• Yen skyrockets as Nikkei tumbles Japanese stock markets plunged overnight, with the Nikkei 225 down more than 5% as investors concerns on the global economy continued to mount. Bank shares are leading the sell-off, perhaps due to persistent worries that the profitability of Japanese banks will take a hit in a negative interest rate environment. Safe haven assets, and particularly the yen, posted significant gains as investors sought shelter in the midst of this turbulence. USD/JPY dropped below the 116.00 key barrier for the first time since November 2014. The collapse in Japan’s stock market follows the plunge in European and US equities yesterday. If the risk-off environment continues to run through the European and US trading sessions today, USD/JPY could fall even lower. That could put immense pressure on the Bank of Japan to combat further appreciation of the yen, as a significantly stronger currency would pose downside risks to the inflation outlook and the competitiveness of Japanese firms. Having eased into the negative territory at its last policy meeting, the Bank may initially try to talk-down the currency, perhaps by suggesting that further appreciation could warrant policy action.
• Today’s highlights: The German industrial production figure fell even further in December from the previous month, against expectations of a minor rise.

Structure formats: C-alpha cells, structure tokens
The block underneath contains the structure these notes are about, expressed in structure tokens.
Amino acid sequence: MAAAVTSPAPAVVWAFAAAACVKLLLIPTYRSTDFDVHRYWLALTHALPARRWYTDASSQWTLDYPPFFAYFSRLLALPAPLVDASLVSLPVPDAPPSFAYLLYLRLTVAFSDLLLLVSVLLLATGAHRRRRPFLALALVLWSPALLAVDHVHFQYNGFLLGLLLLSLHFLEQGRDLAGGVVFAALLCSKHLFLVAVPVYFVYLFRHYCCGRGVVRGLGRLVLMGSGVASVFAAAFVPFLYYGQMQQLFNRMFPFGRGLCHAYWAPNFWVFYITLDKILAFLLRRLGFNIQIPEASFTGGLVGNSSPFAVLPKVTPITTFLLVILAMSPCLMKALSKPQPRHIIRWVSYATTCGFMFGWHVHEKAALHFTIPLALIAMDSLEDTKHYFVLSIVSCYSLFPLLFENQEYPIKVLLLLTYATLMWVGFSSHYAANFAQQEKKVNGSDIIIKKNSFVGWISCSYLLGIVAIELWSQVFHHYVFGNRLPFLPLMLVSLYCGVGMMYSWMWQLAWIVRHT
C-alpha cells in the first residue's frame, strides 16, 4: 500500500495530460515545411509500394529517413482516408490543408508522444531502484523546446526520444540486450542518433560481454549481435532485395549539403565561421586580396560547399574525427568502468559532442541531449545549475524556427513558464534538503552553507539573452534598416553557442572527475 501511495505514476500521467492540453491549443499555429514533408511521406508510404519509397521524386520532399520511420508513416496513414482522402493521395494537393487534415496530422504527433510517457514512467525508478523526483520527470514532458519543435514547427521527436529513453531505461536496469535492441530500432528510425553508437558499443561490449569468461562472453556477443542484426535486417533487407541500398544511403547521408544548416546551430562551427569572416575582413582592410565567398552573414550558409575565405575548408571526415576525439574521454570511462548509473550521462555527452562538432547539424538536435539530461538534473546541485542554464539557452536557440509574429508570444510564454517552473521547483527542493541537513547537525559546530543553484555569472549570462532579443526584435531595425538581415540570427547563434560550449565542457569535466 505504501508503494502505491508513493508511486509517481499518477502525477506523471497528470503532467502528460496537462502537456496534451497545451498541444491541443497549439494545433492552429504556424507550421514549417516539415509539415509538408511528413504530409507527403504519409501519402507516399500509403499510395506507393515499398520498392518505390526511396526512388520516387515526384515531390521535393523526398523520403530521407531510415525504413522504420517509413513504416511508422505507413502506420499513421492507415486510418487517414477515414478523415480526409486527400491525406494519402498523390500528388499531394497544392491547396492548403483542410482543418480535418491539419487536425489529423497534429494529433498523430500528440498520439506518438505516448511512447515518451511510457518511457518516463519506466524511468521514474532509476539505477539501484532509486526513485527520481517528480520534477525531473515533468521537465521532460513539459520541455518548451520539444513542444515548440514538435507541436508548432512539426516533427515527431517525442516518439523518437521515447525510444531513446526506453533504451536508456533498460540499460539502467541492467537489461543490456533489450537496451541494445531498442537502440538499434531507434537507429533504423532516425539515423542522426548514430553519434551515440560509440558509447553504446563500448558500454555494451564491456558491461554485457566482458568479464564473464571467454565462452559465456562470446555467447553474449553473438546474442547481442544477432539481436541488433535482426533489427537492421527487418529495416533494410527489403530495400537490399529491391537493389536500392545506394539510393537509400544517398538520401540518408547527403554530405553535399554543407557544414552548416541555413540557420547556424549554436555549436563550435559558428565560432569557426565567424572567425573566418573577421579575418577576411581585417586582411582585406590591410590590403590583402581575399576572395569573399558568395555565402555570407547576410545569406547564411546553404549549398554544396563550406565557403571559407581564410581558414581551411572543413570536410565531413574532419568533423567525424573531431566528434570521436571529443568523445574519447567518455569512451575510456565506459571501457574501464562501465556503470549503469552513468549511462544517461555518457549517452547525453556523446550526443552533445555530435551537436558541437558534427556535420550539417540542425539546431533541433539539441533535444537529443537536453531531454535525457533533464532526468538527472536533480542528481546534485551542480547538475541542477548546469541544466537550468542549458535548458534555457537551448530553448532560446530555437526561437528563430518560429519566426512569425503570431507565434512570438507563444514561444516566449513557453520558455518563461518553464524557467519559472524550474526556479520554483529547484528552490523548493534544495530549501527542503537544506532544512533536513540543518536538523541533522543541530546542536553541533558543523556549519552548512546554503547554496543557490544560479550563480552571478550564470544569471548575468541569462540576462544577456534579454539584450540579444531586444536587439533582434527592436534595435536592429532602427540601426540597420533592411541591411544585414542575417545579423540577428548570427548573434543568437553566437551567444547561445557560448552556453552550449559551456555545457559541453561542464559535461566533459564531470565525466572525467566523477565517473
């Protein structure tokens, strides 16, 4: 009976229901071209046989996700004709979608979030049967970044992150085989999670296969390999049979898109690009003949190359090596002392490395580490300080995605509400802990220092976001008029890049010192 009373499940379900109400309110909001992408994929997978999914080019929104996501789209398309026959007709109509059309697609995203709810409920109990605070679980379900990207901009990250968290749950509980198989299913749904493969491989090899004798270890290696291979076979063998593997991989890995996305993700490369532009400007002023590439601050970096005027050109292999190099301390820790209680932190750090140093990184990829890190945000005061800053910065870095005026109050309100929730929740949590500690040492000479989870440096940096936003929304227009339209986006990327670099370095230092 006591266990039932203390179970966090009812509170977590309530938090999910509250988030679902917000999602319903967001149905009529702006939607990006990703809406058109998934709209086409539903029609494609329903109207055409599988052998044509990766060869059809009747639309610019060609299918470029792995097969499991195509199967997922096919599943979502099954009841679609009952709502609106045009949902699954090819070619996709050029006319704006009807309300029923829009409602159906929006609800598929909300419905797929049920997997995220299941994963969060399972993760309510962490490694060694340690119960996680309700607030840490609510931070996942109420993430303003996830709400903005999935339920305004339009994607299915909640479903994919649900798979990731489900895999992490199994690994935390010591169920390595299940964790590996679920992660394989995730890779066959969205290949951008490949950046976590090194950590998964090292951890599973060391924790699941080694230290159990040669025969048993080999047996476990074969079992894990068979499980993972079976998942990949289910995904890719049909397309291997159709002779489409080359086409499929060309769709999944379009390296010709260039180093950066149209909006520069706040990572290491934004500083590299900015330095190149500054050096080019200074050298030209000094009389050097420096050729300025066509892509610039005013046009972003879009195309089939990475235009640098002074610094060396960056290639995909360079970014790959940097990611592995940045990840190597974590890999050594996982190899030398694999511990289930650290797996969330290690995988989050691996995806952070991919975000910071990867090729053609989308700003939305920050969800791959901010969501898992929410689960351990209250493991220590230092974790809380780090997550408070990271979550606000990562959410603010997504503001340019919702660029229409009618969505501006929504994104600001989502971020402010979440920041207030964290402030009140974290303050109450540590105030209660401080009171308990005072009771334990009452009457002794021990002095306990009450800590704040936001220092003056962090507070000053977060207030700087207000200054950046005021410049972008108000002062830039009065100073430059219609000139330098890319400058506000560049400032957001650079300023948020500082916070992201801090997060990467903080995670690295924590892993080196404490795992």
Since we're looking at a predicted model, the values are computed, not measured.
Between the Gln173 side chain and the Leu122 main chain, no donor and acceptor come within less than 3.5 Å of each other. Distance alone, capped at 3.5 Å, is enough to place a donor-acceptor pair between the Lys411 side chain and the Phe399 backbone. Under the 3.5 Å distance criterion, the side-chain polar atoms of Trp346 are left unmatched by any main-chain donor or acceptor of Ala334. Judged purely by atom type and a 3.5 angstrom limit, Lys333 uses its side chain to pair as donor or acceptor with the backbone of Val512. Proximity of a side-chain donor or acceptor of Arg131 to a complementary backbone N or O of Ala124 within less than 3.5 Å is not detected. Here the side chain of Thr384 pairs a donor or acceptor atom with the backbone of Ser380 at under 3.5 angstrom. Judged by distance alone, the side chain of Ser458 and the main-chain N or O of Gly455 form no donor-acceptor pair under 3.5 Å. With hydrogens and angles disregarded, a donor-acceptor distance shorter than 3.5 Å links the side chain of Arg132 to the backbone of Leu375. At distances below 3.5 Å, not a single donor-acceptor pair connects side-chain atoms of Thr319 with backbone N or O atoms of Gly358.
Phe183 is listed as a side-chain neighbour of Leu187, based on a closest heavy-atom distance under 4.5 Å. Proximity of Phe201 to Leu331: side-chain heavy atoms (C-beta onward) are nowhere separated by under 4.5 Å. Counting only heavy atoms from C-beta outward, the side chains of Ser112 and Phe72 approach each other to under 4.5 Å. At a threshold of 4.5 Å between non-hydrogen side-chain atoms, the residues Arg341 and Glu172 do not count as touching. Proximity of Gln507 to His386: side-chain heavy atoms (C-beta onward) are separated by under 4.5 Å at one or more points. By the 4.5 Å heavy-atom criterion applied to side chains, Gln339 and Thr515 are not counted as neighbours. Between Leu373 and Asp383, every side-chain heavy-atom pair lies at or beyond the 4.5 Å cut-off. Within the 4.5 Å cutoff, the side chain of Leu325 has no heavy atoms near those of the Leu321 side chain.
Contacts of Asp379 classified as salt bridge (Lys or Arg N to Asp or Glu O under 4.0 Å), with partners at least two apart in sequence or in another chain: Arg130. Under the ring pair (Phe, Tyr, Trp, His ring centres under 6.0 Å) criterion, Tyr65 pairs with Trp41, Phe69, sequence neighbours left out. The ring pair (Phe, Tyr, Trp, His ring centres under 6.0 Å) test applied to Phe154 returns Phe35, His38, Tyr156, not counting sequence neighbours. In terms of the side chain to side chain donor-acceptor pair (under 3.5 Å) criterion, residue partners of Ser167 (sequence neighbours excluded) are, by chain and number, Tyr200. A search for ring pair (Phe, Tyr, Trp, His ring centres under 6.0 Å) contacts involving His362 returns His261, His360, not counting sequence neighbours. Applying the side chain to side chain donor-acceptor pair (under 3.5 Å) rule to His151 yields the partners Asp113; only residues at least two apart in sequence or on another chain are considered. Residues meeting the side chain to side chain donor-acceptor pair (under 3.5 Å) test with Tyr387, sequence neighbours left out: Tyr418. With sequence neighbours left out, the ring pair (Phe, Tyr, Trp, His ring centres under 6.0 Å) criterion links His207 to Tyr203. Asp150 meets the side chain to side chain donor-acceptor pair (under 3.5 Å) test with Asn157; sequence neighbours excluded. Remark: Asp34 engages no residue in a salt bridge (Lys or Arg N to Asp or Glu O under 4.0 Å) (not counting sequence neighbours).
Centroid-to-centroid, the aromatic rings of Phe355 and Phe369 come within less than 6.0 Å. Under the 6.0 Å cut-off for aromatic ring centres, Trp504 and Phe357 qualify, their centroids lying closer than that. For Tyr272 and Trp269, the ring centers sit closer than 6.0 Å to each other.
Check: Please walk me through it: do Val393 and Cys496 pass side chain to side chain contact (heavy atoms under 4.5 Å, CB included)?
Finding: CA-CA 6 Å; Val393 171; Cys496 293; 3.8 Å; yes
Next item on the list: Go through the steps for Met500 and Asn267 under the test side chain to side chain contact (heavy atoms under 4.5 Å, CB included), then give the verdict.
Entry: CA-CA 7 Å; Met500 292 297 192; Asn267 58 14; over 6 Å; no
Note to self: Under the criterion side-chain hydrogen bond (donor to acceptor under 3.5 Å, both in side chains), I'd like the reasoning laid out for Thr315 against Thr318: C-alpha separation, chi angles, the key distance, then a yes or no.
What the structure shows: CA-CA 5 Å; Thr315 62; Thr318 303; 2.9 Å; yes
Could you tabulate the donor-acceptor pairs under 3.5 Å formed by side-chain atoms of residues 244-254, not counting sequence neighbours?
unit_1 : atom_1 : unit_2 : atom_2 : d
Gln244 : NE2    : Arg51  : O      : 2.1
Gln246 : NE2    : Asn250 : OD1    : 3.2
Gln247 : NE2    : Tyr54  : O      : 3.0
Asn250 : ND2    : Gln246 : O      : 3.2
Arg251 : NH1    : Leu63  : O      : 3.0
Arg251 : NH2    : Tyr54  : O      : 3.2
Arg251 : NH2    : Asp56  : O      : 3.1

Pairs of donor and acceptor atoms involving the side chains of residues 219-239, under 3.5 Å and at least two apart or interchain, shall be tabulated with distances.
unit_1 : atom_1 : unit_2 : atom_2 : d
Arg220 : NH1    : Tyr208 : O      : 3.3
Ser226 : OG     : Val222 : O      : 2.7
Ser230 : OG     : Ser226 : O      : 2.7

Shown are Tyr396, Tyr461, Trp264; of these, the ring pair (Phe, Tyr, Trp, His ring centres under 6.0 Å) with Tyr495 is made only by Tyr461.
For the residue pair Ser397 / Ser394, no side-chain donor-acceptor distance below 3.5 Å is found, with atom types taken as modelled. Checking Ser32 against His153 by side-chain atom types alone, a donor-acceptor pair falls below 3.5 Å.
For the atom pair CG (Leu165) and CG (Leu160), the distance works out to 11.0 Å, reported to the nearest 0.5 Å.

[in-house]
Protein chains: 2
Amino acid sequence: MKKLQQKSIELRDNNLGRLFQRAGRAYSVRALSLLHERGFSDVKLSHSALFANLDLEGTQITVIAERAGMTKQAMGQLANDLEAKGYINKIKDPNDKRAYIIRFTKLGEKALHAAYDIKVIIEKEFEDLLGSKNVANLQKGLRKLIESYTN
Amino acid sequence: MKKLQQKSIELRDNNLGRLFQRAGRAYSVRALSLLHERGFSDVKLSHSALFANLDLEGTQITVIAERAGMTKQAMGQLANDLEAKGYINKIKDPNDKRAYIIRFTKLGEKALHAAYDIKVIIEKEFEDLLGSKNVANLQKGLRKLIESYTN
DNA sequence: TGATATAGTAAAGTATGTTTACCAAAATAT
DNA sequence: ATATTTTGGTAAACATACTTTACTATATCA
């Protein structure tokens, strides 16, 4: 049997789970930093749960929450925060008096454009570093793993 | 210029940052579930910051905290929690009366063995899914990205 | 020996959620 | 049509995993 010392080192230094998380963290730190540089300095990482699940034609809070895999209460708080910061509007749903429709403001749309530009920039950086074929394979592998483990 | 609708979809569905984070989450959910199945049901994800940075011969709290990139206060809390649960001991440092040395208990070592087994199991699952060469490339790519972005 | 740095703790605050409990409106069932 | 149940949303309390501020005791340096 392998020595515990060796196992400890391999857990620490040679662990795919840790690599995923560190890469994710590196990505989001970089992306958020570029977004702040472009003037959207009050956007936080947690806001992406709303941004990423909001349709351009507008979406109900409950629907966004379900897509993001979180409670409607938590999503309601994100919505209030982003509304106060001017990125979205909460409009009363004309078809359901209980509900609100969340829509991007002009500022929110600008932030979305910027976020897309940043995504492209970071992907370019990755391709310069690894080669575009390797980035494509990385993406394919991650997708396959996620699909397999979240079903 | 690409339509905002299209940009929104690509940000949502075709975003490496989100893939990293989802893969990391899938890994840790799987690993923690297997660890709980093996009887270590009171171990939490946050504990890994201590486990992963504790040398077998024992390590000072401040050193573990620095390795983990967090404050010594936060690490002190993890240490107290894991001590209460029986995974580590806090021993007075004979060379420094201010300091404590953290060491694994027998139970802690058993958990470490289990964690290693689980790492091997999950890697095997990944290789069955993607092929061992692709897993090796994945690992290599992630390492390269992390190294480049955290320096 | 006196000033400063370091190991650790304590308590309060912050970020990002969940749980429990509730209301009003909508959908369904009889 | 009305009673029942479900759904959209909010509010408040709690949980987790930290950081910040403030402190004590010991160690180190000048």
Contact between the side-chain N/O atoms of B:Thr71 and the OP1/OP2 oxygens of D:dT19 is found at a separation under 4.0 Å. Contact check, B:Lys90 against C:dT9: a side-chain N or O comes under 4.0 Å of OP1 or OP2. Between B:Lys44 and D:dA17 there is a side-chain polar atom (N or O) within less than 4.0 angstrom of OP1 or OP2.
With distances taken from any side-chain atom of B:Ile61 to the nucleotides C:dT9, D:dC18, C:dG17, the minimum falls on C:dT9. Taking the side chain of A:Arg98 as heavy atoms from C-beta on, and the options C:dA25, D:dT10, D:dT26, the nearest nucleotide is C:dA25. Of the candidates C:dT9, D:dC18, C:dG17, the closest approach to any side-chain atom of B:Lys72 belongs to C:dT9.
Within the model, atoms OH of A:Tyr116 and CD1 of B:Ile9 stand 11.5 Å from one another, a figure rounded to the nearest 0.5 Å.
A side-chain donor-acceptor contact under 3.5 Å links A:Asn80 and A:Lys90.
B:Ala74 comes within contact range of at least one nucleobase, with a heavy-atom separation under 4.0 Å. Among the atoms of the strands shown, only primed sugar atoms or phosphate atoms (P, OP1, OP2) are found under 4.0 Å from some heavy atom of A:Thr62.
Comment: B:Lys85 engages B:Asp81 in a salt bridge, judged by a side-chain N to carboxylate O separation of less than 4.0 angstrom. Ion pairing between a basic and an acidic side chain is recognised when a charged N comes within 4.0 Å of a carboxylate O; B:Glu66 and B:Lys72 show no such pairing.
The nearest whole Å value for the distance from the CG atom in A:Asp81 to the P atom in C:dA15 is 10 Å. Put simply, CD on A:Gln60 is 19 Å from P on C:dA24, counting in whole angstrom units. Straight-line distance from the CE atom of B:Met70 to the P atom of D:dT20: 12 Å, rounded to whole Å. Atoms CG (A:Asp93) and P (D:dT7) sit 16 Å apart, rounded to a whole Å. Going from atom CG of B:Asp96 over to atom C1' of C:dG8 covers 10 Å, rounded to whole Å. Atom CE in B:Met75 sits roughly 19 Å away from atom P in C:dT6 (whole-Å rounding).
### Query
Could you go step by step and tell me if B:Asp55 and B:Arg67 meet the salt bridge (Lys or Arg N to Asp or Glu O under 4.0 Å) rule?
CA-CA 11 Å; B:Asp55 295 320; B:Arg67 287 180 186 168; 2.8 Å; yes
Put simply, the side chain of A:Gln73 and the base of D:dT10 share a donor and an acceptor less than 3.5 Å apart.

• The UK trade deficit is forecast to have narrowed a bit in December from the previous month. However, this is usually not a major market mover.
• In the US, the Job Opening and Labor Turnover Survey (JOLTS) report for December is due to be released and the forecast is for a slight decline in the number of job openings. This survey will also report the “quit rate”, which measures workers who voluntarily resign, and is a closely watched indicator of how strong the job market is. The NFIB Business Optimism Index for January is coming out as well. Even though this indicator is not a major market mover, it is worth watching because of the Fed’s emphasis on employment, as small businesses employ the majority of people in the US. The wholesale inventories for December are also coming out.
• As for the speakers, the French and German central bank governors as well as finance ministers will hold an economic council. On Monday, the two heads of the central banks wrote in a German newspaper that the Euro area needs to push forward with structural reforms, including the creation of a Eurozone finance ministry. Any signs of strong political determination to push for the creation of such an institution could prove supportive for the common currency. ECB Governing Council member Luis Linde also speaks.